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Niels Bohr

Niels Henrik David Bohr
Born September 7 1885
Copenhagen, Denmark
Died November 18 1962 (aged 77)
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19th century - 20th century - 21st century
1880s  1890s  1900s  - 1910s -  1920s  1930s  1940s
1910 1911 1912 - 1913 - 1914 1915 1916

Year 1913 (MCMXIII
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Electron

Theoretical estimates of the electron density for the first few hydrogen atom electron orbitals shown as cross-sections with color-coded probability density
Composition: Elementary particle
Family: Fermion
Group: Lepton
Generation: First
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The nucleus of an atom is the very small dense region of an atom, in its center consisting of nucleons (protons and neutrons). The size (diameter) of the nucleus is in the range of 1.
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1, −1
(amphoteric oxide)
Electronegativity 2.20 (Pauling scale) More

Atomic radius 25 pm
Atomic radius (calc.) 53 pm
Covalent radius 37 pm
Van der Waals radius 120 pm
Miscellaneous

Thermal conductivity (300 K) 180.
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1 metre =
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0 ft 0 in
The metre or meter[1](symbol: m) is the fundamental unit of length in the International System of Units (SI).
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Distances shorter than 1 pm
• 1 pm = 1 picometre = 1,000 femtometres
• 2.4 pm — The compton wavelength of the electron.
• 5 pm — shorter X-ray wavelengths (approx.

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1 Ã¥ngstrÃ¶m =
SI units
010−12 m 010−3 nm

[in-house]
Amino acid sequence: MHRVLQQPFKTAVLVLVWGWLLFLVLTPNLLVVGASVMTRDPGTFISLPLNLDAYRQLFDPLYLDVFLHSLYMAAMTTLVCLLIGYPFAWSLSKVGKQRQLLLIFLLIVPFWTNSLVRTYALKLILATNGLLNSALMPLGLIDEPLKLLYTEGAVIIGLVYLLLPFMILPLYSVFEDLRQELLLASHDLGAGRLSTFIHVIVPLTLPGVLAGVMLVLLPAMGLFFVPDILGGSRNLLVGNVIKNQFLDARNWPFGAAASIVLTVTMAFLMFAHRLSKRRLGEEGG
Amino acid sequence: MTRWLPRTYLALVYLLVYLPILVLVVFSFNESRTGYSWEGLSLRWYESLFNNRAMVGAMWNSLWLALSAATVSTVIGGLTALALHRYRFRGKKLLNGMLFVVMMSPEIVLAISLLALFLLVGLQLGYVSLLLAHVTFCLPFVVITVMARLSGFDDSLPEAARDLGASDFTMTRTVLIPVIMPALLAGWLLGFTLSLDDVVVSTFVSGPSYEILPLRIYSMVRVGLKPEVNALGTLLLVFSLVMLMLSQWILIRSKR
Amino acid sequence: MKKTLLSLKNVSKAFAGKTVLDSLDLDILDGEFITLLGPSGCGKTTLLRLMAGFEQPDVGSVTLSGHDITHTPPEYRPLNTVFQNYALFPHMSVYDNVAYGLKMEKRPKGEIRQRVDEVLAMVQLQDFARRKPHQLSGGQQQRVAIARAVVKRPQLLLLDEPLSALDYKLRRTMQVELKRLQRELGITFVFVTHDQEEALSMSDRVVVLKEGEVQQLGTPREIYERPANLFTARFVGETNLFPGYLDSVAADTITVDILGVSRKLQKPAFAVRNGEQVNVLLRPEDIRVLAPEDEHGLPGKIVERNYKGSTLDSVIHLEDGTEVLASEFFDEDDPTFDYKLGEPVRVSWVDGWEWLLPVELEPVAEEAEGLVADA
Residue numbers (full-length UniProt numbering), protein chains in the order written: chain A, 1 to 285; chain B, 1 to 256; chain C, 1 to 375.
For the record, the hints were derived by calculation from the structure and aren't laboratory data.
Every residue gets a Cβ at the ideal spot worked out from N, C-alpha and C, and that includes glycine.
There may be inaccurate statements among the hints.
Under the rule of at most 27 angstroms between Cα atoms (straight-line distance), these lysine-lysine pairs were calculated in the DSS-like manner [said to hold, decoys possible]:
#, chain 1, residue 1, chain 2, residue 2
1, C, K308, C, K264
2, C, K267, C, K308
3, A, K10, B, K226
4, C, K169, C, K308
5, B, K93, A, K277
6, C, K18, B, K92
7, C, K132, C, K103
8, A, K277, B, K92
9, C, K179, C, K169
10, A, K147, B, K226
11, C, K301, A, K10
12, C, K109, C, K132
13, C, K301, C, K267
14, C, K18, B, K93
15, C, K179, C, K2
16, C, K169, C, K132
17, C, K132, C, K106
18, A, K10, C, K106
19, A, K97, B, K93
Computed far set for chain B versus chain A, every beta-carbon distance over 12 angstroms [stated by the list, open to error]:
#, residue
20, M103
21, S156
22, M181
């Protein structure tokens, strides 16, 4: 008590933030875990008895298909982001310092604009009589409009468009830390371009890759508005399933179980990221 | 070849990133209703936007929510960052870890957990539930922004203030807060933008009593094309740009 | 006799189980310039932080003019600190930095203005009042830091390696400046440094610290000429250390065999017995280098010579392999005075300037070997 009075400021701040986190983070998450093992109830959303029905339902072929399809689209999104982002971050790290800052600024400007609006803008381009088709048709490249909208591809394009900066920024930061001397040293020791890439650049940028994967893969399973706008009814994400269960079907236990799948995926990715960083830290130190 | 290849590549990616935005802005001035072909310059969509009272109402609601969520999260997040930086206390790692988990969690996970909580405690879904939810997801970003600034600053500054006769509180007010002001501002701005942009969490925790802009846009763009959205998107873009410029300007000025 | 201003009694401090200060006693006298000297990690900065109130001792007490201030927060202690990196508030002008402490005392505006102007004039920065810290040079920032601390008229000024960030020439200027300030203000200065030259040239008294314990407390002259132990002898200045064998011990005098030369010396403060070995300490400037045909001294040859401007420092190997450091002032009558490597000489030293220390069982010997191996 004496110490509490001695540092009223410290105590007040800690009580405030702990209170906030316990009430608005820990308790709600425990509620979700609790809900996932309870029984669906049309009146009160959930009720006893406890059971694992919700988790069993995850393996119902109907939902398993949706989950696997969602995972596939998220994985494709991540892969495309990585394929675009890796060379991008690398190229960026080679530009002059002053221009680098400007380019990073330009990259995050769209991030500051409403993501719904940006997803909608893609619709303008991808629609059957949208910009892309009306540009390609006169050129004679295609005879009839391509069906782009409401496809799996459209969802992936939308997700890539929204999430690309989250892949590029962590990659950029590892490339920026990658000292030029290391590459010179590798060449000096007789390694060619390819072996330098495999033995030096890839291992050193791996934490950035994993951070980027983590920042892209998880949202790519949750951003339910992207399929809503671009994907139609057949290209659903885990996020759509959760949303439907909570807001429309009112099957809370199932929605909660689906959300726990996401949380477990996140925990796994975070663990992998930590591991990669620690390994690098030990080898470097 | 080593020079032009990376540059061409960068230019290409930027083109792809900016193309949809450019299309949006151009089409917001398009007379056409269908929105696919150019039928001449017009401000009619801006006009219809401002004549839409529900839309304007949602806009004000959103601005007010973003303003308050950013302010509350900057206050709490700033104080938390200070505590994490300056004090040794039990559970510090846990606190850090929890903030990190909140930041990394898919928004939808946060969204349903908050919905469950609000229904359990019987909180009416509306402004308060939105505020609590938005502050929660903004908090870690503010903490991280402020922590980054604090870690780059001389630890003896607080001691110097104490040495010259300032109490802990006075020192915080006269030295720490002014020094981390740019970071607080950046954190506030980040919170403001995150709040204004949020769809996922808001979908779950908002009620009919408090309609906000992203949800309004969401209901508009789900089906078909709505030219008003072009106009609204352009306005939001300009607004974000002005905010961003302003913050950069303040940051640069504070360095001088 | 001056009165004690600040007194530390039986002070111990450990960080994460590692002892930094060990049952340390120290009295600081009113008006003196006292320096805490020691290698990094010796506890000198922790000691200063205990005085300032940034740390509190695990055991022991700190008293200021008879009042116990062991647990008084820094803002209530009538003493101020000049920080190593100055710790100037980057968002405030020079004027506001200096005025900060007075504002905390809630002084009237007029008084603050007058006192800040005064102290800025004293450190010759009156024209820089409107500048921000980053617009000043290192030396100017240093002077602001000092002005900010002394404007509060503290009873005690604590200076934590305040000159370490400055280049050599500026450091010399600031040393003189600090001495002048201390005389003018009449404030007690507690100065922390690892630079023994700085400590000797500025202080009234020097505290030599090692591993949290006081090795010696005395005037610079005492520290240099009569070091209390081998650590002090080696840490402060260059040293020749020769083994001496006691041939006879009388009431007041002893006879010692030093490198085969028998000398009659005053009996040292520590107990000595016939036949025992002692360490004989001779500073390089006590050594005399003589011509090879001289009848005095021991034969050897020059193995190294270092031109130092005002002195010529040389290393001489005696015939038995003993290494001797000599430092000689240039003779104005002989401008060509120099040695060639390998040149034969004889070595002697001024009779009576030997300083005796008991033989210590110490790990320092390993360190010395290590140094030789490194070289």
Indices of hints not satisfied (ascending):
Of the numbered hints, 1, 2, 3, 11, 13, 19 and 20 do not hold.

Natural units
01024 lPa0
US customary / Imperial units
010−12 ft 010−9
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In probability and statistics, the standard deviation of a probability distribution, random variable, or population or multiset of values is a measure of the spread of its values. It is usually denoted with the letter σ (lower case sigma).
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Vacuum permittivity is the electric constant ε0 (also known as the permittivity of free space, or by the term dielectric constant of vacuum), which is a fundamental physical constant.
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Planck constant (denoted ) is a physical constant that is used to describe the sizes of quanta. It plays a central role in the theory of quantum mechanics, and is named after Max Planck, one of the founders of quantum theory.
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Electron

Theoretical estimates of the electron density for the first few hydrogen atom electron orbitals shown as cross-sections with color-coded probability density
Composition: Elementary particle
Family: Fermion
Group: Lepton
Generation: First
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The elementary charge (symbol e or sometimes q) is the electric charge carried by a single proton, or equivalently, the negative of the electric charge carried by a single electron.
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speed of light in a vacuum is an important physical constant denoted by the letter c for constant or the Latin word celeritas meaning "swiftness".[1] It is the speed of all electromagnetic radiation, including visible light, in a vacuum.
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The fine-structure constant or Sommerfeld fine-structure constant, usually denoted , is the fundamental physical constant characterizing the strength of the electromagnetic interaction.
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Electron cloud is a term used, if not originally coined, by the Nobel Prize laureate and acclaimed educator Richard Feynman in The Feynman Lectures on Physics for discussing "exactly what is an electron?".
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quantum mechanics is the study of the relationship between energy quanta (radiation) and matter, in particular that between valence shell electrons and photons. Quantum mechanics is a fundamental branch of physics with wide applications in both experimental and theoretical physics.
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Atomic units (au) form a system of units convenient for atomic physics, electromagnetism, and quantum electrodynamics, especially when the focus is on the properties of electrons.
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Reduced mass is the "effective" inertial mass appearing in the two-body problem of Newtonian mechanics. This is a quantity with the units of mass, which allows the two-body problem to be solved as if it were a one-body problem.